But finding a hot-button Op didn't mean the faceless legions had his back. As the Westboro video spread, influential sites such as Your Anonymous News cautioned against it. "One idiot has decided to post a press release against Westboro?" The site's webmaster posted, "I have a bad feeling about this operation. Everyone's watching us now, but this bullshit is taking away valuable resources that could be used, you know, actually fighting dictators, not failtrolls? THINK BEFORE YOU SAY SOMETHING STUPID." However, it went on, "there's no way Anonymous can go back on it's word now."
That weekend, Anonymous doxed what it claimed to be every adult member of the Westboro Church, and took down the Church's website, God Hates Fags, as well. They also urged Anons to sign a petition against Westboro's tax-exempt status. As Westboro planned its rally at Newtown, Anons tweeted the address of the Motel 6 where the group was staying. Lostutter organized the rally which he called Occupy Newtown, soliciting the help of plainclothes cops, as well as Hell's Angels, to form a human wall around the funeral. The protest of Newtown made international news, and further catapulted the mysterious hacker known as KYAnonymous into the spotlight. But while Lostutter watched the reaction with great satisfaction, he was careful to remain in the shadows. "That's the first rule of Anonymous," he says, "don't trust anybody."
It was a couple nights before Christmas in Lostutter's farmhouse, and not a creature was stirring. As his girlfriend and brother slept, he took his Guy Fawkes mask out from under his clothes in his bottom drawer and slipped quietly into the living room. Opening his laptop and aiming his webcam toward him, he pulled the mask over his face, and pulled his black hoodie down above it. Then he hit record on his computer, and began shifting his head from side to side, silently, as if he were talking. He made sure to "look intimidating," he recalls.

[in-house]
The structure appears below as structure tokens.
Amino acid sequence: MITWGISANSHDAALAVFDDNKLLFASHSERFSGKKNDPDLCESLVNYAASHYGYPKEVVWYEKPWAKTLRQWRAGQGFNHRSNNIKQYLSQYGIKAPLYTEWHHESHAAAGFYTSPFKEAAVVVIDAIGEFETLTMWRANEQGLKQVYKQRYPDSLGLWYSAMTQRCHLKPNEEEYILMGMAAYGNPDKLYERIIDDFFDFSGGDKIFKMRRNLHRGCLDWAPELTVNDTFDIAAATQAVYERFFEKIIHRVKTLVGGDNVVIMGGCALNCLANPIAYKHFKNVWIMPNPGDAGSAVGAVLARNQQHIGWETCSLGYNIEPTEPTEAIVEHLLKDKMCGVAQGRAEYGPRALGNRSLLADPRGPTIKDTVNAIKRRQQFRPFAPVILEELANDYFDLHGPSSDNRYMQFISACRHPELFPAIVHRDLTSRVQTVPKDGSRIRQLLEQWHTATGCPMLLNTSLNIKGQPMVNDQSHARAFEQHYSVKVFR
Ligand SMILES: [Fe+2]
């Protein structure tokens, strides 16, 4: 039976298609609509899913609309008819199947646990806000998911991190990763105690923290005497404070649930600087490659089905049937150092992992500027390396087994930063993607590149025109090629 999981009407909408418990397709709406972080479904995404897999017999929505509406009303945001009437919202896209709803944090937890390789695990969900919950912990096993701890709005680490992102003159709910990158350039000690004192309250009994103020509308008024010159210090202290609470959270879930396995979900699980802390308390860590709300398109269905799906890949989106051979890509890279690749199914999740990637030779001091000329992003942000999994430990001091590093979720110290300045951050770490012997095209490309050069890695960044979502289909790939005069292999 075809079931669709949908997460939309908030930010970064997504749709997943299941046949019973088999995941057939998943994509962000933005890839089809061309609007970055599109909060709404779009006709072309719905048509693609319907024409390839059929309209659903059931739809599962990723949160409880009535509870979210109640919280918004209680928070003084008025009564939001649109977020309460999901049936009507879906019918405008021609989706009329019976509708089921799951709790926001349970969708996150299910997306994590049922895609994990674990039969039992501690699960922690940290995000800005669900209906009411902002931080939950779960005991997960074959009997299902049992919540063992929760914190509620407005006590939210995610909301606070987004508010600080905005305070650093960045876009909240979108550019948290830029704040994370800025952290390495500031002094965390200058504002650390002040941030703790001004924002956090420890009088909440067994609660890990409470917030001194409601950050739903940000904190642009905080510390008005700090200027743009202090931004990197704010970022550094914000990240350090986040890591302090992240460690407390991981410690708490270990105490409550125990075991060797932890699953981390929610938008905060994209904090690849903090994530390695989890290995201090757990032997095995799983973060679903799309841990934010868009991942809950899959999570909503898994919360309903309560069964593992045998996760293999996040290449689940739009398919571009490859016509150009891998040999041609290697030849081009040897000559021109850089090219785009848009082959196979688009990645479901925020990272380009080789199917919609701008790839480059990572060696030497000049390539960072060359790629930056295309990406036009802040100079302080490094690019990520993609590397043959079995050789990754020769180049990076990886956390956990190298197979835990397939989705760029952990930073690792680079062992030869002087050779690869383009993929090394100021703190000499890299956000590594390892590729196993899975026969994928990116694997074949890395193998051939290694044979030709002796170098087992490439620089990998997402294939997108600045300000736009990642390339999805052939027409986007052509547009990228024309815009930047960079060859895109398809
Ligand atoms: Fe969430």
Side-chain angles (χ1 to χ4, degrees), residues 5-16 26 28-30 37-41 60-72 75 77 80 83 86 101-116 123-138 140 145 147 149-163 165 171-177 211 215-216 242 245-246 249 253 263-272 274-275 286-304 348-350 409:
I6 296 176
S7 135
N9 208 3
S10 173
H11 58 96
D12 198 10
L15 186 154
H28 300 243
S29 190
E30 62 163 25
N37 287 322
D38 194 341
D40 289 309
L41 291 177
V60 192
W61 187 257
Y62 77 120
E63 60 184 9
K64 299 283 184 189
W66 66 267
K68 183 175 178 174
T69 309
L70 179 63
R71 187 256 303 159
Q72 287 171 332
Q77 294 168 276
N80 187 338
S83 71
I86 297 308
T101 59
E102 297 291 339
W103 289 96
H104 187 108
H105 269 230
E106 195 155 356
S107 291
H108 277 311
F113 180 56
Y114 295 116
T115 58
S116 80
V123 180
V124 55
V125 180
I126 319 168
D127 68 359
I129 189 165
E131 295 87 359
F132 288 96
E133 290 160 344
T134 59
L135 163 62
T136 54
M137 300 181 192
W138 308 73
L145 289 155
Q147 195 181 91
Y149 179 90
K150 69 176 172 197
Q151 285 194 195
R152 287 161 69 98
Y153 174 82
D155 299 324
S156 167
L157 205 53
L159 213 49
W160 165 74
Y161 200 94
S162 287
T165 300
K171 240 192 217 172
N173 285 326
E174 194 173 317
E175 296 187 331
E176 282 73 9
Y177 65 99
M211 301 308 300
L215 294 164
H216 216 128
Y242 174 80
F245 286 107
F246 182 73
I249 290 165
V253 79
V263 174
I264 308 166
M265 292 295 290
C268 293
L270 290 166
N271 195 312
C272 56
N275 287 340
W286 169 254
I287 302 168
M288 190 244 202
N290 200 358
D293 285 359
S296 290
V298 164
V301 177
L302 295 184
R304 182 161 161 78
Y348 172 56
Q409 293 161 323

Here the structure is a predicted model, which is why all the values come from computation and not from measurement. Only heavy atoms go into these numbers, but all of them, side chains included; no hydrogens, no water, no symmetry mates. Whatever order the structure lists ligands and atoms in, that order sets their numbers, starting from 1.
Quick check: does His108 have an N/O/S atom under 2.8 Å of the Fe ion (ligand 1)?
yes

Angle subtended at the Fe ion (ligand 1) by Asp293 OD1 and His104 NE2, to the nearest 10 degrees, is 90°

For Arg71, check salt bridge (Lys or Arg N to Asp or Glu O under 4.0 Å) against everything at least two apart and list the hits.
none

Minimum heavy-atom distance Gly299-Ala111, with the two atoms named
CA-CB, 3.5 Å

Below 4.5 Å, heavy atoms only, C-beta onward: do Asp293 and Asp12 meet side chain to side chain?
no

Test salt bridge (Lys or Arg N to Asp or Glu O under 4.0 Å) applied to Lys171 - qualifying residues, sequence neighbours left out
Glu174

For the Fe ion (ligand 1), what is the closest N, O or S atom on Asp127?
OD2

While Lostutter had recorded Op videos for Anonymous in the past, this time he was recording the first one in which he, as KY, would make his debut. Lostutter spent about a half hour crafting his words, which he ran through a text-to-speech program, Cepstral David, to disguise his voice. He matched the audio track along with his video of him gesticulating in his Guy Fawkes mask. "Greetings citizens of the world, We are Anonymous," he began, "Around mid-August 2012 a party took place in a small town in Ohio known as Steubenville…"